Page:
As noted in the study above, only 46% of New Year’s resolutions make it past the 6 month mark.

Goals must focus on the small incremental steps it takes to reach the mountaintop, and not the mountain top itself.  

By breaking your annual goal into quarterly, monthly and weekly benchmarks with small rewards will allow for a daily or weekly positive feedback which can be a powerful intrinsic (internal) motivator to keep you going.

Literally, people who climb mountains as professional guides do so in stages and reach certain plateaus every day on their multi-stage journey to the top.  Each goal to the next camp or resting spot is attainable within a day or so of climbing, so that the entire mountain ascent is achievable 1 day at a time.

Employ Rewards – Rewards should be put in place to help bolster short term goals or benchmarks reached.  You should reward yourself with small, meaningful rewards each week, bi-weekly or monthly, depending on your achievement and budget.  

Rewards could be as simple as an extra day off to read, play with the kids or go fishing or golfing, whereas a quarterly reward might be a 3-day weekend away on a mini vacation or “break-ation” or even a mini “stay-cation”.  

The key is to reward yourself appropriately and have the discipline not to reward yourself with things you already do during the regular course of your normal living or lifestyle.  

Accountability with a partner or group will help you achieve much more than you normally would because people typically do not want to let other people down.  

Accountability is a powerful motivator.  

If you are working in tandem with a few other people toward similar goals, the likelihood of success multiplies as well.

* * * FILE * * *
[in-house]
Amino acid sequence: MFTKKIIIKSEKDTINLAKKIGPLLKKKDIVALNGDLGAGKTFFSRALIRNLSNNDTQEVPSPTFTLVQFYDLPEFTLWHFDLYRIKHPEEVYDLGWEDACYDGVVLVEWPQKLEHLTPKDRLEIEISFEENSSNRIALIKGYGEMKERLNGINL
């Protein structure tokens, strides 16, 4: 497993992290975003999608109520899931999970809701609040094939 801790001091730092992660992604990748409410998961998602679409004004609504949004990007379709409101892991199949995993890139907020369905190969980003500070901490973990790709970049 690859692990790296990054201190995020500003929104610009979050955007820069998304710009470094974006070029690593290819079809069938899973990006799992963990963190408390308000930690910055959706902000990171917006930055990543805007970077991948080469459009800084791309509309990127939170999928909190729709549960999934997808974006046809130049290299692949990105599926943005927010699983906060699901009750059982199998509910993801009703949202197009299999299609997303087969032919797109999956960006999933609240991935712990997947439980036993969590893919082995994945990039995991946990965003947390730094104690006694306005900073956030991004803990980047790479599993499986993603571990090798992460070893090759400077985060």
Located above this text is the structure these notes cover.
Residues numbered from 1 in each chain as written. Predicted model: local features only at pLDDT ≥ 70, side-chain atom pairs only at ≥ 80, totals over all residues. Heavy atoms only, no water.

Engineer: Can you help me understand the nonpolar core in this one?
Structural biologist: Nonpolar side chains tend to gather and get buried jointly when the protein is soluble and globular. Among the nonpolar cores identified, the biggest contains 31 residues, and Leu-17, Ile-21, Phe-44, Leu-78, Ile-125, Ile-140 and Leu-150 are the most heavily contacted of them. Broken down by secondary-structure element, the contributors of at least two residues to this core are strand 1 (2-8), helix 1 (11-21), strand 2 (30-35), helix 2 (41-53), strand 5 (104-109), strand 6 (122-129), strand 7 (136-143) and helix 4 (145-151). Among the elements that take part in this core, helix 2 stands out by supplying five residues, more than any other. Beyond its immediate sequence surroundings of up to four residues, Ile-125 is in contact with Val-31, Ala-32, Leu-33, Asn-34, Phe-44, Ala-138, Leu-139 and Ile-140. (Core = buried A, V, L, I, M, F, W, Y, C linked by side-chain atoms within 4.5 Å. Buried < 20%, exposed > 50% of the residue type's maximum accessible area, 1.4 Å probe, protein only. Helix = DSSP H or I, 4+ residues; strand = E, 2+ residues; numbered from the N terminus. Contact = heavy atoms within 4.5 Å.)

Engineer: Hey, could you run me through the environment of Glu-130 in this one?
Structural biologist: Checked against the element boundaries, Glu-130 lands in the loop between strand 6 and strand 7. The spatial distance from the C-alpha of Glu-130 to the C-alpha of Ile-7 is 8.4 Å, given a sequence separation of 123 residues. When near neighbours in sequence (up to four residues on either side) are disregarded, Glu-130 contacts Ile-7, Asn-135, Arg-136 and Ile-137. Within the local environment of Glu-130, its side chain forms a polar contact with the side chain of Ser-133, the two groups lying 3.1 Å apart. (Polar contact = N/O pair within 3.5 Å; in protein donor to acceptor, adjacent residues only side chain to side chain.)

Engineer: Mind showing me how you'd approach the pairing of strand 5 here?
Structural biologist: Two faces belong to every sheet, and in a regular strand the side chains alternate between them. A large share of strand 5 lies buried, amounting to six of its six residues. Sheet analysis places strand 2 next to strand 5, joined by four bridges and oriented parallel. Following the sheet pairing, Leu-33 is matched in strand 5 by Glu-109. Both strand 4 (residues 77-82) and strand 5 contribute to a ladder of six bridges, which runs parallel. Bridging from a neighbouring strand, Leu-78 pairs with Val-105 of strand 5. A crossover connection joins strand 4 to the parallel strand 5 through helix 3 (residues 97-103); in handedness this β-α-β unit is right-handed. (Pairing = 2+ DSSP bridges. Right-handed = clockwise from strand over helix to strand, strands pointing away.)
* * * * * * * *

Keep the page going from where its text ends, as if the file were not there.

This past year, we personally joined a Facebook walking group to sustain the goal of walking 10,000 steps per day, 7 days per week.  Some research has been done to show that walking a minimum of 10,000 steps per day has a significant positive impact on your health, longevity, energy, and overall well-being.=

Joining the group had many other intangible benefits that were soon realized.   

1- We had camaraderie and built new relationships with others who cheered us on
2- We got to encourage others on their personal journey toward more activity
3- We had accountability within the group to post our steps tracked by a Fitbit or similar device each day
4- We felt better and realized how low our personal activity levels were before joining the group
5- We realized that none of us reached 365 days of perfect achievement, but we all achieved much more activity and well-being than if we had not taken the challenge.
6- We all felt the achievement and realized 10,000 steps a day is something we can now maintain for the rest of our lives.

In summary, you do have the ability to achieve your goals and your New Year’s resolution if you follow these simple guidelines and are not too hard on yourself when you stumble or fall short of your benchmarks.

The founder of Focus 5, Tim Scholten, created the Focus 5 concept and app to incorporate all of these tools and psychological advantages to help you achieve extraordinary results.  The app is already helping many individuals, coaches and business owners realize goals they had not previously thought possible.

The app includes the ability to set small, realistic yet flexible goals, gives weekly and monthly behavioral trends and reporting for feedback, includes the ability to add private accountability partners and teamsmanship, and helps you align your small goals on a weekly basis to reach your personal best.   You can try the app free for 14 days and see for yourself here.